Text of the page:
He could look down the road years ahead. He could figure out what he was going to do, and what he was going to say, and God called him a fool. How does our future look to us? How much strength and endurance do you have for what lies in store for you? Can you handle what is yet to come? Do you have the wit? Will you have the wit to respond to what may come to pass?
We live in the illusion that our strength, our intelligence, our very life is from ourselves. How big is our reservoir of energy or endurance or prudence? Since it seems that life is our own, we think in terms of calling on our reserves. Once the disciples set off in a boat on a journey with the Lord. And it had slipped their mind that they should have stored some provision. To quote from the Gospel of Mark, “Now the disciples had forgotten to take bread, and they did not have more than one loaf with them in the boat” (8:14). That was what was on their mind, and the Lord said to them, “Why do you reason because you have no bread? Do you not yet perceive nor understand? …do you not remember? When I broke the five loaves for the five thousand, how many baskets full of fragments did you take up? How is it that you do not understand?”
He got them to answer the question, and He could ask them on a much later occasion, “When I sent you without money bag, sack and sandals, did you lack anything? So they answered, Nothing” (Luke 22:35). Think of the uncertain times of youth that you have passed through. You made it through your teens. Has the Lord kept you safe thus far? Has He provided?
It is too bad that some people have concluded that it is virtuous not to make provision for the future. It’s understandable. The Lord has given us the message that He will provide. Seek the kingdom of God, and these things will be added to you. But the Writings say this does not mean we should not provide ourselves with food, clothing, “and even resources for the time to come; for it is not contrary to order for anyone to be provident for himself and his own.” The new translation speaks of “resources for the future; for it is not contrary to order to make provision for oneself and one’s dependents” (J. Elliott’s translation).
But there is the matter of putting trust in the Divine. Notice the verb tribuo, something you do. It is translated to “attribute” or to “ascribe.” See how it is used in this teaching about charity in a person engaged in business. “He thinks of the morrow, and yet does not think of it. He thinks of what should be done on the morrow, and how it should be done; and yet does not think of the morrow, because he ascribes the future to the Divine Providence and not to his own prudence.” And then it adds, “Even his prudence he ascribes to the Divine Providence” (Charity 167).
Does that fortunate person who ascribes the future to the Divine just do this at one point in life? Or is it not something to be done deliberately through the progressing stages of life?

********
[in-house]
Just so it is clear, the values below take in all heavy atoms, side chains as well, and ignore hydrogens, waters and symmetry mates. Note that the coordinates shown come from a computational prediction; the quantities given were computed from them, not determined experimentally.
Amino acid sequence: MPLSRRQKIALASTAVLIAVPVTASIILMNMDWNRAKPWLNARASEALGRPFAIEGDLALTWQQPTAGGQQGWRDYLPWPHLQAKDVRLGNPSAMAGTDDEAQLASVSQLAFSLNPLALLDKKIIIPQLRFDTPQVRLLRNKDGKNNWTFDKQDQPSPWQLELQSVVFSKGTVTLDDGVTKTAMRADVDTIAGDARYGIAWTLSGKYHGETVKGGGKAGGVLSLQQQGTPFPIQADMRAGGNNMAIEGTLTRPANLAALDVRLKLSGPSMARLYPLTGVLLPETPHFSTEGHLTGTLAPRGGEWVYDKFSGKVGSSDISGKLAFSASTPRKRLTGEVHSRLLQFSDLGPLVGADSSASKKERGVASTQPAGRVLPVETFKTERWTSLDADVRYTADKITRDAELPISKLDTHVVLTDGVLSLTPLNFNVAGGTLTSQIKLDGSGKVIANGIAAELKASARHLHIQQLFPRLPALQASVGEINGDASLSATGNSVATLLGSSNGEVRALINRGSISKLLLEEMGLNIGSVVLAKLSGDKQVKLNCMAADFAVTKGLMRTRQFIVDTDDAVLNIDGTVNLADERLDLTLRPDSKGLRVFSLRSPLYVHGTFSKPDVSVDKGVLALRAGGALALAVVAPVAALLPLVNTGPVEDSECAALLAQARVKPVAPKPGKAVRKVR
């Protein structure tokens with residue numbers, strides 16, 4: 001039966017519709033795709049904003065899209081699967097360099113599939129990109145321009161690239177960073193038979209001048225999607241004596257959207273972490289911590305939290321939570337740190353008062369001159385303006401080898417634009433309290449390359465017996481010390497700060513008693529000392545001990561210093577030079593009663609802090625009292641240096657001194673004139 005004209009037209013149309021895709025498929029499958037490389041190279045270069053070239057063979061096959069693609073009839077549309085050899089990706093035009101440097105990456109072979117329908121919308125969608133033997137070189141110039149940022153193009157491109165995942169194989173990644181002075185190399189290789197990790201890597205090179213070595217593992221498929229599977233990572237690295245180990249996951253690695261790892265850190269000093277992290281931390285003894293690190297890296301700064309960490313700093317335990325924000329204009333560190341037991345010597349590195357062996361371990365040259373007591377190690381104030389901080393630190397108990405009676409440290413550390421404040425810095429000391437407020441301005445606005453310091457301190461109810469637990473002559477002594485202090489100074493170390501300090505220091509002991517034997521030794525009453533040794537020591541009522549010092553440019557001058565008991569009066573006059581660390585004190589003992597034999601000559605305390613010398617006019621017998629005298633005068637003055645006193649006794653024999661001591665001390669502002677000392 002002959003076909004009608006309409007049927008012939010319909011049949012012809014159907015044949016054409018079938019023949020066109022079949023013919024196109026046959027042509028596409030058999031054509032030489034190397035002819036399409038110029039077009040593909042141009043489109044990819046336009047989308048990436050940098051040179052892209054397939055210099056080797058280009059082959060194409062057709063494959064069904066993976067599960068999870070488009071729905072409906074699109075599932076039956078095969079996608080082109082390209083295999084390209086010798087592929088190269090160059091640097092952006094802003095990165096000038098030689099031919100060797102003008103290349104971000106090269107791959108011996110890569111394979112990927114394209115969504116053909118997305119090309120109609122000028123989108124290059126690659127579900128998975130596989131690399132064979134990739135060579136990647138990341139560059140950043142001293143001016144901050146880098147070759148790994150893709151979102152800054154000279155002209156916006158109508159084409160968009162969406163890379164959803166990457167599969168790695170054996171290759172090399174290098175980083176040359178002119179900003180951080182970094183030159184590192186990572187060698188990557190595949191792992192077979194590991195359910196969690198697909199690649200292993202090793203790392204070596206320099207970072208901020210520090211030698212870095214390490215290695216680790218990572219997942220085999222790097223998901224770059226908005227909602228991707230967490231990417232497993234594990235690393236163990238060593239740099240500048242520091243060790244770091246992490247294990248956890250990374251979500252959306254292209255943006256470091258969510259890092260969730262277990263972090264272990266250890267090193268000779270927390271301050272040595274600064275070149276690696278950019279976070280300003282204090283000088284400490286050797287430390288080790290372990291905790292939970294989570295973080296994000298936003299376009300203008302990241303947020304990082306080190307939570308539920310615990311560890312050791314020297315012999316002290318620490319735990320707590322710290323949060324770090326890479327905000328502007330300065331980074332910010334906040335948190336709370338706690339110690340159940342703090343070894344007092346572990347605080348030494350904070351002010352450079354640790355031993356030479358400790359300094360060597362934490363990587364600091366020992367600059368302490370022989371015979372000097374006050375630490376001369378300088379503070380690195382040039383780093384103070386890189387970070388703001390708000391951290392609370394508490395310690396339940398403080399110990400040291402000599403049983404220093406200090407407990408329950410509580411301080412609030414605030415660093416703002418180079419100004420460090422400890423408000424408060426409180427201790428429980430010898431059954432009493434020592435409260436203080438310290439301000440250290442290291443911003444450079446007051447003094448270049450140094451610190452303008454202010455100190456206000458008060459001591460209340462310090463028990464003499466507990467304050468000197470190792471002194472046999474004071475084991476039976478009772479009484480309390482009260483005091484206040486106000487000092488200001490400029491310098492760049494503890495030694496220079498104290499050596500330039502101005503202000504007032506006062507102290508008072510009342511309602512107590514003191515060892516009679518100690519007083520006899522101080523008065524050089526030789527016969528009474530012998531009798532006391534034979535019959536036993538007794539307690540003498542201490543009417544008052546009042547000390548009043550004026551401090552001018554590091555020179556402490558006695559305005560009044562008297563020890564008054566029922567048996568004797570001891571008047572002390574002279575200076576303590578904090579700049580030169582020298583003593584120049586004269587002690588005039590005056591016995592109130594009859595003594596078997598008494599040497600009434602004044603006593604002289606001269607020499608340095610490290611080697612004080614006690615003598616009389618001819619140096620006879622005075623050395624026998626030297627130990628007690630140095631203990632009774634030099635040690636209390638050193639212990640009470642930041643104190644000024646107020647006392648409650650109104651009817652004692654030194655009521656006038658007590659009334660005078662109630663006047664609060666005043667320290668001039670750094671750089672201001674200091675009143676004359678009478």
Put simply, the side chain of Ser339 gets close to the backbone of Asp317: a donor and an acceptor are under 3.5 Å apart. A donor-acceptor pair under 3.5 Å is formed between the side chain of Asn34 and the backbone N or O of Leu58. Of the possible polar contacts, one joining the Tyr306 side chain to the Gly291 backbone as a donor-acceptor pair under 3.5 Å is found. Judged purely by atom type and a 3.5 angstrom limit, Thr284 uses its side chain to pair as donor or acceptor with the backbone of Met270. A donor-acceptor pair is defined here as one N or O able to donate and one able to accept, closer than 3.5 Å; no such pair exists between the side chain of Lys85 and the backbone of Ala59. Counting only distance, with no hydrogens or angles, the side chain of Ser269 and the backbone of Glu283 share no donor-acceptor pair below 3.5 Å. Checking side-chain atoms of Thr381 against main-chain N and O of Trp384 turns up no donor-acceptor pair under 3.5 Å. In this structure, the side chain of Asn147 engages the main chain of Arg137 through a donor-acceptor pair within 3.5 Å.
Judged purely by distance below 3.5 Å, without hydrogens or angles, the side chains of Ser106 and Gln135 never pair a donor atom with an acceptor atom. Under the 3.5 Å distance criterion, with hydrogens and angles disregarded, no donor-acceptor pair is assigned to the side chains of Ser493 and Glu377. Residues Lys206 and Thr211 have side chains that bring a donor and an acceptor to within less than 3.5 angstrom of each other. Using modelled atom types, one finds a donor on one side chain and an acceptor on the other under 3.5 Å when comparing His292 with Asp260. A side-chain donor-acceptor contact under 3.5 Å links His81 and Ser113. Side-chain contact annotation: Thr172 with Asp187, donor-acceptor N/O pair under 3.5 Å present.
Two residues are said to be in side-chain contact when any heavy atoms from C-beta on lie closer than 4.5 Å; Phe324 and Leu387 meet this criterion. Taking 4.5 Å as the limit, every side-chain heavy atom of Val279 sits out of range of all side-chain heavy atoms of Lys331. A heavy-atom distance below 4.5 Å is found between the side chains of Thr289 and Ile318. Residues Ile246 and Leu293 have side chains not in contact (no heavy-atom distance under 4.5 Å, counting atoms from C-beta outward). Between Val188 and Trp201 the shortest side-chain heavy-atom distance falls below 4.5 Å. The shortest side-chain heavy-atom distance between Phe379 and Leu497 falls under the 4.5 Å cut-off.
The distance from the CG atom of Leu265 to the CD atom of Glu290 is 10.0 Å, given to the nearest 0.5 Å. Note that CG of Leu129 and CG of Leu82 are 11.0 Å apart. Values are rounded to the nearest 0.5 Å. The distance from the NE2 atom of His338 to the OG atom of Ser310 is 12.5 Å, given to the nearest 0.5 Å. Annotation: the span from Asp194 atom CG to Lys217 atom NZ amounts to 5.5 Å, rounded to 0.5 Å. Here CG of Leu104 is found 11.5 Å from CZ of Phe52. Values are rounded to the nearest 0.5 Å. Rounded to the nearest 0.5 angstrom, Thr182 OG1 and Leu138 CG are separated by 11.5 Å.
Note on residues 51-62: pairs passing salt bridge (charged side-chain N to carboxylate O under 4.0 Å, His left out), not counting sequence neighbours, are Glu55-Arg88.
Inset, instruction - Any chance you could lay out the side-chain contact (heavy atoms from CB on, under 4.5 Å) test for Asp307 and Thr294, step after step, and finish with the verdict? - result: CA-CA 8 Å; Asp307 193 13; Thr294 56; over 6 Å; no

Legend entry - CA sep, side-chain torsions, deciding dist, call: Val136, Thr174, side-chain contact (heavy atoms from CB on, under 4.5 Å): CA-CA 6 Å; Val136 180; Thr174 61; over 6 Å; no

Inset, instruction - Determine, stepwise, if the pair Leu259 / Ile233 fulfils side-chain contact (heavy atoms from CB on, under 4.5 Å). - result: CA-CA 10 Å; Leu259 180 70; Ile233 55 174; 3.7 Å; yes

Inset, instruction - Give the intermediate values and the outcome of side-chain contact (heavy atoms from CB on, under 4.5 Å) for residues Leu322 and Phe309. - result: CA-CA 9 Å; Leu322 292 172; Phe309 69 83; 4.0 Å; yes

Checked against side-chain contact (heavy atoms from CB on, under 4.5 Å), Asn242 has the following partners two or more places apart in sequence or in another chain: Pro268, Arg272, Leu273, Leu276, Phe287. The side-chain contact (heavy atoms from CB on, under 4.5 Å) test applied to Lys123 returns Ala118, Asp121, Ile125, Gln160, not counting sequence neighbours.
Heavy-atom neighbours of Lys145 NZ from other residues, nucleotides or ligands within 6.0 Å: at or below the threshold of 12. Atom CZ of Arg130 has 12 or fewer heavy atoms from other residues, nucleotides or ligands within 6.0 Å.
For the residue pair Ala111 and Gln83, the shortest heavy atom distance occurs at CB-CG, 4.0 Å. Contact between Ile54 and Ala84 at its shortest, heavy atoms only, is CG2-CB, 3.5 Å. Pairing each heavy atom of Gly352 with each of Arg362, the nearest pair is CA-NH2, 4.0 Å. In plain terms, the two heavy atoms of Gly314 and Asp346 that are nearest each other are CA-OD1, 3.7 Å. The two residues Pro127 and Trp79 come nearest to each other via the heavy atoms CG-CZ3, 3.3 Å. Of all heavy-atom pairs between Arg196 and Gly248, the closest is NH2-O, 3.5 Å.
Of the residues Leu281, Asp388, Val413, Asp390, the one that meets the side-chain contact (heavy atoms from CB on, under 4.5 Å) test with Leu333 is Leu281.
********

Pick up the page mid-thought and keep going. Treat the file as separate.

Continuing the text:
Settle it in your hearts. Deliberately ascribe the future to the Lord’s Providence, and do so, if you can, until you can feel a sense of relief as if someone had removed a false burden from you.
Do not think of this merely as “either/or,” as if to say, either you trust in Divine Providence or you do not. It can be a quantitative thing. Some attribute a little bit to the Divine Providence and a lot to themselves (see AC 2694:2). The Writings use the phrase “the more”: the more they ascribe, the stronger or wiser they are (see AC 4932). In our lives we gradually come to ascribe more to the Lord and less to ourselves (see TCR 610 and 105).
The disciples were to learn that peace, the wonderful prize of peace, is to be found in the Lord Himself. He said, “These things I have spoken to you that in Me you may have peace. In the world you will have tribulation, but be of good cheer. I have overcome the world” (Luke 16e). En to cosmo thlipsin exete alla tharsete–In the world you will have affliction, trouble, but take heart. Have courage. I have defeated. I have conquered. I have overcome the world.
Our picture of the future can become less a matter of speculation and worry and more and more a picture of the Lord as one in whom to confide and one who grants peace. Peace has in it confidence in the Lord that He will provide, and that He leads to a good end. “When someone is in this faith, he is in peace, for he then fears nothing and no solicitude about future things disquiets him” (AC 8455).
We sometimes say that the future looks dark. And the unknown is a kind of darkness. But when we ascribe the future to the Lord, we may say at any time in history or at any stage of our life, that the future has light in it, being in the hands of Him who is the light of the world.
Settle it in your hearts anew today. Ascribe the future to the Lord. And He will give you what to think and do, and He will give you peace.